The study builds on previous research by senior author Christina A. Meyers, Ph.D., M. D. Anderson's chief of the Section Neuropsychology in the Department of Neuro-Oncology, examining neurocognitive function in patients with brain metastases treated with whole-brain radiation. "Unlike past studies comparing the two treatment strategies which did not use sensitive cognitive tests or closely follow patients after being treated with SRS, radiation oncologists in this trial were able to identify new lesions early and treat them with either radiosurgery, surgery, whole brain radiation or less commonly, chemotherapy," Meyers said. "We believe doctors and patients alike will favor this method over upfront whole brain radiation."
Lindsay Anderson | EurekAlert!
Biofilm discovery suggests new way to prevent dangerous infections
23.05.2017 | University of Texas at Austin
Another reason to exercise: Burning bone fat -- a key to better bone health
19.05.2017 | University of North Carolina Health Care
Physicists from the University of Würzburg are capable of generating identical looking single light particles at the push of a button. Two new studies now demonstrate the potential this method holds.
The quantum computer has fuelled the imagination of scientists for decades: It is based on fundamentally different phenomena than a conventional computer....
An international team of physicists has monitored the scattering behaviour of electrons in a non-conducting material in real-time. Their insights could be beneficial for radiotherapy.
We can refer to electrons in non-conducting materials as ‘sluggish’. Typically, they remain fixed in a location, deep inside an atomic composite. It is hence...
Two-dimensional magnetic structures are regarded as a promising material for new types of data storage, since the magnetic properties of individual molecular building blocks can be investigated and modified. For the first time, researchers have now produced a wafer-thin ferrimagnet, in which molecules with different magnetic centers arrange themselves on a gold surface to form a checkerboard pattern. Scientists at the Swiss Nanoscience Institute at the University of Basel and the Paul Scherrer Institute published their findings in the journal Nature Communications.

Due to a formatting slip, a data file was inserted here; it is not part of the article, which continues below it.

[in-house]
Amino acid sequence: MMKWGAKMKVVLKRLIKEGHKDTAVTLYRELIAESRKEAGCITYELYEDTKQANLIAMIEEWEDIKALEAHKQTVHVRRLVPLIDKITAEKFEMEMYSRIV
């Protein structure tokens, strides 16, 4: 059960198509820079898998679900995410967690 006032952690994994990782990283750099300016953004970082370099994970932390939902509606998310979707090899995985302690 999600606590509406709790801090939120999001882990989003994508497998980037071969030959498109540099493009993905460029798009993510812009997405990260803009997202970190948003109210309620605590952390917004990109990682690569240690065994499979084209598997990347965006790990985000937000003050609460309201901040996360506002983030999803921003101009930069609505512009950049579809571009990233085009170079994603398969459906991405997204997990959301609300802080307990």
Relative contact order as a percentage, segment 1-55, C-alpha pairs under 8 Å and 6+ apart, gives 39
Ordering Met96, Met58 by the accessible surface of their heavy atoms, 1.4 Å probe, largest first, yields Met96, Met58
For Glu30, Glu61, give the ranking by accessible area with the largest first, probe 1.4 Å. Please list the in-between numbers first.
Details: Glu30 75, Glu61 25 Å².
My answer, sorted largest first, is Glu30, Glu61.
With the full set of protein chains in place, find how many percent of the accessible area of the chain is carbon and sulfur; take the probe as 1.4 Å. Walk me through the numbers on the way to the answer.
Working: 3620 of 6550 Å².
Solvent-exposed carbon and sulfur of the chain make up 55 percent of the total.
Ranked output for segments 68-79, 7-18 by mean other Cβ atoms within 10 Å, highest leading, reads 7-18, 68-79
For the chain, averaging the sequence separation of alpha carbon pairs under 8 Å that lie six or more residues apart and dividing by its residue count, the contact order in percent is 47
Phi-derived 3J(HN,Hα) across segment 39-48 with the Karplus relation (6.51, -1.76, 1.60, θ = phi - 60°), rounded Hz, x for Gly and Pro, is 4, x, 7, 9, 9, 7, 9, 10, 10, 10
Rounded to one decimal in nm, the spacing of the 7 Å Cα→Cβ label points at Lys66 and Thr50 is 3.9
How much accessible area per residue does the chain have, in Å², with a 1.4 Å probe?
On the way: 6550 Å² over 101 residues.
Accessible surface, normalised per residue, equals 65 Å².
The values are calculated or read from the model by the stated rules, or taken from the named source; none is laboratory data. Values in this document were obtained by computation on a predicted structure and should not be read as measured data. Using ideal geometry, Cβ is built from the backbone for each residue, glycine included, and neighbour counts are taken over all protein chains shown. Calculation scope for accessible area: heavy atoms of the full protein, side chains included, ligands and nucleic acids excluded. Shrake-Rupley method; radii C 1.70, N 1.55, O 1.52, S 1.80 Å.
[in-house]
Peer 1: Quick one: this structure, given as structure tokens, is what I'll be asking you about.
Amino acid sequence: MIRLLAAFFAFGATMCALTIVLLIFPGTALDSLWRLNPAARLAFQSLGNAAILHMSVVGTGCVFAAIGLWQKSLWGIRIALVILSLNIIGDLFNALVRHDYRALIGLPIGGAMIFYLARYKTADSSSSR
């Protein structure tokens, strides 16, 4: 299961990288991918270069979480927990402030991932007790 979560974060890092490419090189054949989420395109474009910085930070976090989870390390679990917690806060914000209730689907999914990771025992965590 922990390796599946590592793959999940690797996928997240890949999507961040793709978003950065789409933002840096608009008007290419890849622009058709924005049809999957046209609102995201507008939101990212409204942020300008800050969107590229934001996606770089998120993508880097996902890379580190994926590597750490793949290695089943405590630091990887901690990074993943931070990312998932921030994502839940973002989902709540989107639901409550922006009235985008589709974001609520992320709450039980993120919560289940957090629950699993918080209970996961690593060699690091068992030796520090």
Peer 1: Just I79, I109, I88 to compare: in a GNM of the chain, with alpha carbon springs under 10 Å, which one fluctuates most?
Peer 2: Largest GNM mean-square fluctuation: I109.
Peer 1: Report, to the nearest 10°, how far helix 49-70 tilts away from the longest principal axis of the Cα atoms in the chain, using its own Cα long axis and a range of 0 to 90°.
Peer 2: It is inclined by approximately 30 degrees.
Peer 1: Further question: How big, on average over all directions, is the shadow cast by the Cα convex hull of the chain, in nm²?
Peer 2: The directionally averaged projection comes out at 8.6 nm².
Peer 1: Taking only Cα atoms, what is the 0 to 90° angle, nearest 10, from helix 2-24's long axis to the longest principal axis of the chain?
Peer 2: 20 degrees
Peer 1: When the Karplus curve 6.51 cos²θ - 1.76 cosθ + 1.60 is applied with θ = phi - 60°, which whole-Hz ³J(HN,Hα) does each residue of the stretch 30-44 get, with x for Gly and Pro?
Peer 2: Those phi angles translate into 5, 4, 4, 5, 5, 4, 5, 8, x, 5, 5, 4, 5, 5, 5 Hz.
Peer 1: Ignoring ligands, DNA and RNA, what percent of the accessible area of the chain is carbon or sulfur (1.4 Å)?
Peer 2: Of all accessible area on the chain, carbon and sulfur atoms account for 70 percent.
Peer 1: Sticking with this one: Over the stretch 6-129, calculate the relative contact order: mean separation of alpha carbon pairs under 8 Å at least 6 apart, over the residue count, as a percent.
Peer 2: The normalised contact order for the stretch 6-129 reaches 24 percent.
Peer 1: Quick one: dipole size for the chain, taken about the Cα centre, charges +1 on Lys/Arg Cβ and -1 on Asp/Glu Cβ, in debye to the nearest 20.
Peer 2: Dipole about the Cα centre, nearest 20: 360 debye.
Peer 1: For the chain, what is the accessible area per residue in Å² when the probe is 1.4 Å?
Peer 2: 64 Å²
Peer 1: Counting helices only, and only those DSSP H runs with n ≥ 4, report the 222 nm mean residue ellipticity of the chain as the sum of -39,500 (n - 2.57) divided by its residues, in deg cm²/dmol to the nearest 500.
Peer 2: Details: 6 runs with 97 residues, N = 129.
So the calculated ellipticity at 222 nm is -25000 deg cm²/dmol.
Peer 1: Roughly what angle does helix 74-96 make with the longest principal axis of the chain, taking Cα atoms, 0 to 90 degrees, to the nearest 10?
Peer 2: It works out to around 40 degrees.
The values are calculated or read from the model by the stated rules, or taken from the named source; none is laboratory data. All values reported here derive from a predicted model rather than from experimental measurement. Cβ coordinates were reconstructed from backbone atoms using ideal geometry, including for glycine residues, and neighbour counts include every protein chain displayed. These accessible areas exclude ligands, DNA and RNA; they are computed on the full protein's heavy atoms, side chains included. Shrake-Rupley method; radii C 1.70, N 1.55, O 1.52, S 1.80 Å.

Ferrimagnets are composed of two centers which are magnetized at different strengths and point in opposing directions. Two-dimensional, quasi-flat ferrimagnets...
An Australian-Chinese research team has created the world's thinnest hologram, paving the way towards the integration of 3D holography into everyday...
In the race to produce a quantum computer, a number of projects are seeking a way to create quantum bits -- or qubits -- that are stable, meaning they are not much affected by changes in their environment. This normally needs highly nonlinear non-dissipative elements capable of functioning at very low temperatures.
In pursuit of this goal, researchers at EPFL's Laboratory of Photonics and Quantum Measurements LPQM (STI/SB), have investigated a nonlinear graphene-based...
24.05.2017 | Event News
23.05.2017 | Event News
22.05.2017 | Event News
24.05.2017 | Physics and Astronomy
24.05.2017 | Physics and Astronomy
24.05.2017 | Event News